Fruitvale Station: A New Narrative

A commander of San Francisco Transit police told students his experience with racism in law enforcement and how it can be brought to an end in the future during last Thursday’s second installment of “New Narratives: Conversations on Race & Culture” in the Cross Cultural Center’s Dr. White Room.

Chief Kenton W. Rainey, the fifth Chief of Police for the Bay Area Rapid Transit (BART), shared with students his experiences with institutional discrimination within law enforcement, including the Fruitvale Station incident.

Jasmine Gutierrez | Photography Intern

Jasmine Gutierrez | Photography Intern

“Police are the people and the people are the police,” he said after mentioning his support for community policing in law enforcement.

Rainey, an African American, dreamed of becoming a Chicago police officer since he was in theseventh grade. There were police departments near his area in Southside Chicago who interacted with the children through recreational activities. As a child of the 1960s, he witnessed the assassination of John F. Kennedy, Martin Luther King Jr., Robert F. Kennedy and the members of the Black Panther Party.  However, it was the 1968 Democratic Convention where the police crushed protestors that took a toll on Rainey. This was a turning point for him as he realized that there aren’t enough people of color represented in the law enforcement.

Rainey admits that he himself was a victim of institutional discrimination when he worked for the Ventura County Police Department. In 1992, he and eleven other African American officers filed a class-action lawsuit against the department for institutional racism. They claimed that racist jokes were being passed on over the service radio while black officers were effectively being prevented from top ranks. Rainey also explained how he wasn’t welcomed when he was first hired for the job. The group won this case and each officer received $50,000.

Rainey later worked for the Dayton Ohio Police Department but later decided to return to California where he earned his B.A in criminal justice at the California State University Long Beach to advance his career.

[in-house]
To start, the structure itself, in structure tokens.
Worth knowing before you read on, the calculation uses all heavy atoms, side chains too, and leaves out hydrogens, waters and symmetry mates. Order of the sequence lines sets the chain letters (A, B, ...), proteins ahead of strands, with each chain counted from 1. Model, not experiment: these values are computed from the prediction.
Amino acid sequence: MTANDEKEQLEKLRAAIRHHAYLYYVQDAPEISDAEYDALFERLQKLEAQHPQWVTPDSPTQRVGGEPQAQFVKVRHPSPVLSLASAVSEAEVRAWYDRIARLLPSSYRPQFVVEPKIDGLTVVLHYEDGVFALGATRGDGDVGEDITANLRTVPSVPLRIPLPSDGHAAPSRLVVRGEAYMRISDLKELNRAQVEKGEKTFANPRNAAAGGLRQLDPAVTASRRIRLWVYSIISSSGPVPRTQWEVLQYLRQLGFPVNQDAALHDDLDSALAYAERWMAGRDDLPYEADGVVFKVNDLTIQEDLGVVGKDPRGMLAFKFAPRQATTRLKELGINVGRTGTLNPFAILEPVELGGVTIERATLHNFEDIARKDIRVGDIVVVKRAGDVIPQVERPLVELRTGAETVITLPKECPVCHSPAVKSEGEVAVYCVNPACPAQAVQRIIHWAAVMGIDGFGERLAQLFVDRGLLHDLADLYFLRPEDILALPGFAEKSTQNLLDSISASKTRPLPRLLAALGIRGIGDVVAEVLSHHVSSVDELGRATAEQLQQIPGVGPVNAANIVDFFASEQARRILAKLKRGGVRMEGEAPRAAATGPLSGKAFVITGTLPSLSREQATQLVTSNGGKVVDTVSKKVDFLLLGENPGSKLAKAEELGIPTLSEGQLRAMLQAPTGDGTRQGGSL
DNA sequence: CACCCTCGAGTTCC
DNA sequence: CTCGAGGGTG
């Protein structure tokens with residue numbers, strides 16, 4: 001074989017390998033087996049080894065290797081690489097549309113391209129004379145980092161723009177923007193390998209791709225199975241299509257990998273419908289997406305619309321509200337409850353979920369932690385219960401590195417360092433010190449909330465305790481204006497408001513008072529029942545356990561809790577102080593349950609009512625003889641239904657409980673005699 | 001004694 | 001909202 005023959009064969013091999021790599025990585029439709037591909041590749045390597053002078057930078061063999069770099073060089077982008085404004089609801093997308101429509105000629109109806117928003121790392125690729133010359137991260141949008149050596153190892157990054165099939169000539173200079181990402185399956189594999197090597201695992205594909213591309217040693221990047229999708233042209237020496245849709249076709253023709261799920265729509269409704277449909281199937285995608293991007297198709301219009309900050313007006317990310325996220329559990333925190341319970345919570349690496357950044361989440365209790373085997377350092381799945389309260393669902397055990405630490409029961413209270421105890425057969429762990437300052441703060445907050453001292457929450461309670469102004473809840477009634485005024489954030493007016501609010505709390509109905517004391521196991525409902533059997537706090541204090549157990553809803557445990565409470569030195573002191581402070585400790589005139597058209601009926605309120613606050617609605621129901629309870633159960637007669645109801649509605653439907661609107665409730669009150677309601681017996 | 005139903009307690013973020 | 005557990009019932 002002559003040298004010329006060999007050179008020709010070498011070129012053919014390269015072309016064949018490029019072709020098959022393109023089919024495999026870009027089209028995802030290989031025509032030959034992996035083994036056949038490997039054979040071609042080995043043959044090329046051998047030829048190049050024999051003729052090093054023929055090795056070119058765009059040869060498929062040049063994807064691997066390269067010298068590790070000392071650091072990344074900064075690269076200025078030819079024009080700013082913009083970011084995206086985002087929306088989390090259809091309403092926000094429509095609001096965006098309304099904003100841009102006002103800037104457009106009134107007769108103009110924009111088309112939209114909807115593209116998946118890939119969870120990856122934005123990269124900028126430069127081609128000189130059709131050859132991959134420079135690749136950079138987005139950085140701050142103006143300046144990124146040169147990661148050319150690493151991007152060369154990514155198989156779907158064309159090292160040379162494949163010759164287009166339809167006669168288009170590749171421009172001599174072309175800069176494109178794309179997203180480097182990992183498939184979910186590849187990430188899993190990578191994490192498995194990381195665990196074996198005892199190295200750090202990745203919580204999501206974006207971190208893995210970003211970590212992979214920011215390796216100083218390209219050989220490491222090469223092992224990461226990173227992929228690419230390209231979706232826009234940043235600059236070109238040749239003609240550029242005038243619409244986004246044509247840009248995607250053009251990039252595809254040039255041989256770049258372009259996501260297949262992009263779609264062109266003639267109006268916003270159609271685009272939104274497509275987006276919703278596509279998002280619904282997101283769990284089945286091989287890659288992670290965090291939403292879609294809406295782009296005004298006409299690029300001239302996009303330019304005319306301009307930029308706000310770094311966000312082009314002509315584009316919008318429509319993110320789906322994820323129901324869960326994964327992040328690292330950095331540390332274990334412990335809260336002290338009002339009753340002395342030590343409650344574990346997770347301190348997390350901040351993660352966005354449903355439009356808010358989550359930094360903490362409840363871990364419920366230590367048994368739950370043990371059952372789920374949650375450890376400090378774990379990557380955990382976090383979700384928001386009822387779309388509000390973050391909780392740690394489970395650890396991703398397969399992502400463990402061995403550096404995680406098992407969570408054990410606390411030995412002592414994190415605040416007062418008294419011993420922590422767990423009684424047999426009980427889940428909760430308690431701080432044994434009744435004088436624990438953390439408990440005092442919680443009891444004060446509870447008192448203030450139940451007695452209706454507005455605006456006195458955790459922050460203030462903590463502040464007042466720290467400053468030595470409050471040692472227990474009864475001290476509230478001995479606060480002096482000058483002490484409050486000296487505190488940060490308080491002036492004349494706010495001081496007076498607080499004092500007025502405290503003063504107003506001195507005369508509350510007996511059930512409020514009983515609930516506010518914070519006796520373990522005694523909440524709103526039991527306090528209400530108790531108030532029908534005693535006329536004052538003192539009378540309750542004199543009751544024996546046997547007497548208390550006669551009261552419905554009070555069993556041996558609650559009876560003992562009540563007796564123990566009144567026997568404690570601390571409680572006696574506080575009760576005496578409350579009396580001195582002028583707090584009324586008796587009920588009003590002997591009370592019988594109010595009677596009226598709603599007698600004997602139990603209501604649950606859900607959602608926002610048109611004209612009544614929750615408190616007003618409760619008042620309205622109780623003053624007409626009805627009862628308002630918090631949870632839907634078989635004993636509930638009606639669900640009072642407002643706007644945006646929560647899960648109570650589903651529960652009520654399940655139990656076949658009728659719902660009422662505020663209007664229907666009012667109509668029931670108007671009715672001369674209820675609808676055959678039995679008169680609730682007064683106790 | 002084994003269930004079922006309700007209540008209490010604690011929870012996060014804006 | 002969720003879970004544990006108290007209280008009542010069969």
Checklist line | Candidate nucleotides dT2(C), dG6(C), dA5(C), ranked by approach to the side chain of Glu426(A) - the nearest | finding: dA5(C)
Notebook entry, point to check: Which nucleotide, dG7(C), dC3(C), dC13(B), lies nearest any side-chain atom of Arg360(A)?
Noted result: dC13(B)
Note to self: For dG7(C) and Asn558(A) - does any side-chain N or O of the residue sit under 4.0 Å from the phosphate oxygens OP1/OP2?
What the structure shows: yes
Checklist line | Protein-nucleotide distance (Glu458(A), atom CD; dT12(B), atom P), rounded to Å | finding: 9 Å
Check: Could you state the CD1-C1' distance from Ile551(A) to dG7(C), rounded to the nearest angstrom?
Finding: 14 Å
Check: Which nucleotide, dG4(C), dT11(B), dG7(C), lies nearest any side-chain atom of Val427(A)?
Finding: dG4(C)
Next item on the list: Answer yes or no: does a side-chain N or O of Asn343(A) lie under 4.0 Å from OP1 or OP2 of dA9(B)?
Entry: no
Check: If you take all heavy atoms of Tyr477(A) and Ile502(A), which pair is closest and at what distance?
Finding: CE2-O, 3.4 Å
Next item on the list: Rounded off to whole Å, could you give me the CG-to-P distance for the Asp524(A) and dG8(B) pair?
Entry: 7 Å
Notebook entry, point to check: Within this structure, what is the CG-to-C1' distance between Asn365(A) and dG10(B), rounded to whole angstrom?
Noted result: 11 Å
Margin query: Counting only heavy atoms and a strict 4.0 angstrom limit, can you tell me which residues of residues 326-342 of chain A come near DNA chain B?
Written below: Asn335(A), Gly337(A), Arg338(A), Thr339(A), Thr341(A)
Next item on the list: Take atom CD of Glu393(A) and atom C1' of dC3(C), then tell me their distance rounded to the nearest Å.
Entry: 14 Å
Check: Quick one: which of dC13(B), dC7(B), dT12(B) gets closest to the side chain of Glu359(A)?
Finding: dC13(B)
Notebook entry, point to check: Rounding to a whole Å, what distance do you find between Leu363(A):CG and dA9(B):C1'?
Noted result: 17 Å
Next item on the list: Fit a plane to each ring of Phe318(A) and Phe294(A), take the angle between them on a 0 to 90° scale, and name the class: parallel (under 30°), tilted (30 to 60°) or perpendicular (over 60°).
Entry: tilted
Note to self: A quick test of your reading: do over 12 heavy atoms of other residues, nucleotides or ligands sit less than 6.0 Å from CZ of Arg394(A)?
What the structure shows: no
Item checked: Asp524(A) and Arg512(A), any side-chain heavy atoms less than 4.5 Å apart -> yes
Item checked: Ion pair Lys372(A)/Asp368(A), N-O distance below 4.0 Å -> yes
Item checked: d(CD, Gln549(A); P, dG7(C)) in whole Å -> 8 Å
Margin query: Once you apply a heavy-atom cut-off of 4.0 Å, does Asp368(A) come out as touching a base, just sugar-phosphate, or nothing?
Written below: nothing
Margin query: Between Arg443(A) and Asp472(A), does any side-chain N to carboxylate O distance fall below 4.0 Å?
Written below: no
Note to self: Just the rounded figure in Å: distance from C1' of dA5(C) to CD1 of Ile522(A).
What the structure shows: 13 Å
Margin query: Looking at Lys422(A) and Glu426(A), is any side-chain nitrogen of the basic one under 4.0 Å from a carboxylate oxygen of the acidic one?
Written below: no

“The quality of life begins with public safety,” he emphasized. Despite that he was the chief of police for the Fairfield Police Department, Rainey resigned as their value system did not match his and became the chief of the BART Police Department

On January 1, 2009 a man named Oscar Grant was resisting arrest while a BART police officer tried restraining him by kneeling on his neck. The officer had the intention to tase Oscar Grant, but instead drew his gun and shot the 22-year-old on his back. This incident became known as the Fruitvale incident and happened shortly after Rainey became the BART’s new chief police. The department drew much criticism after the incident and it was publicized as another case of racial discrimination resulting in the death of an African American man.

Chief Rainey has publicly apologized for the incident and asked Grant’s family for forgiveness. Till this day he is in contact with them. The incident is very dear and sensitive to his heart as one of his officers killed their son.

Rainey believes that incidents like Fruitvale Station can be prevented. He has emphasized how civilians must stay informed and engaged. They are responsible to vote for the mayor who appoints the police chief whose value system will influence the department.

“If you don’t understand something, it is your responsibility to file a complaint,” he added. He promises a new plan indicating the service and necessary support for the community and to lead organizational change. BART police officers receive forty hours of training every year which also involves community outreach. “It’s all about repetition,” Rainey said.

The interaction between law officers and the citizens is an important aspect of this change. This process may change peoples’ perception of the BART police officer and thus stabilize public trust, however Rainey warns there may be tough times ahead nonetheless.  “If you can’t go to the lion’s den and face your critics, then you can’t do your job,” Rainey said.

Rainey promised a new organization and a new culture revolving around community policing, however, he also suggested that individuals participate with law enforcement. “What people perceive as racial profiling may be the disrespect in how an officer talks to them,” Rainey added. He mentioned how police officers are taught to have command presence in training as people may possibly size up to them.. According to Rainey, law enforcers and civilians cannot merely act indirectly. There must be a conversation between both sides. Through this Rainey sees the turning point in the future of law enforcement.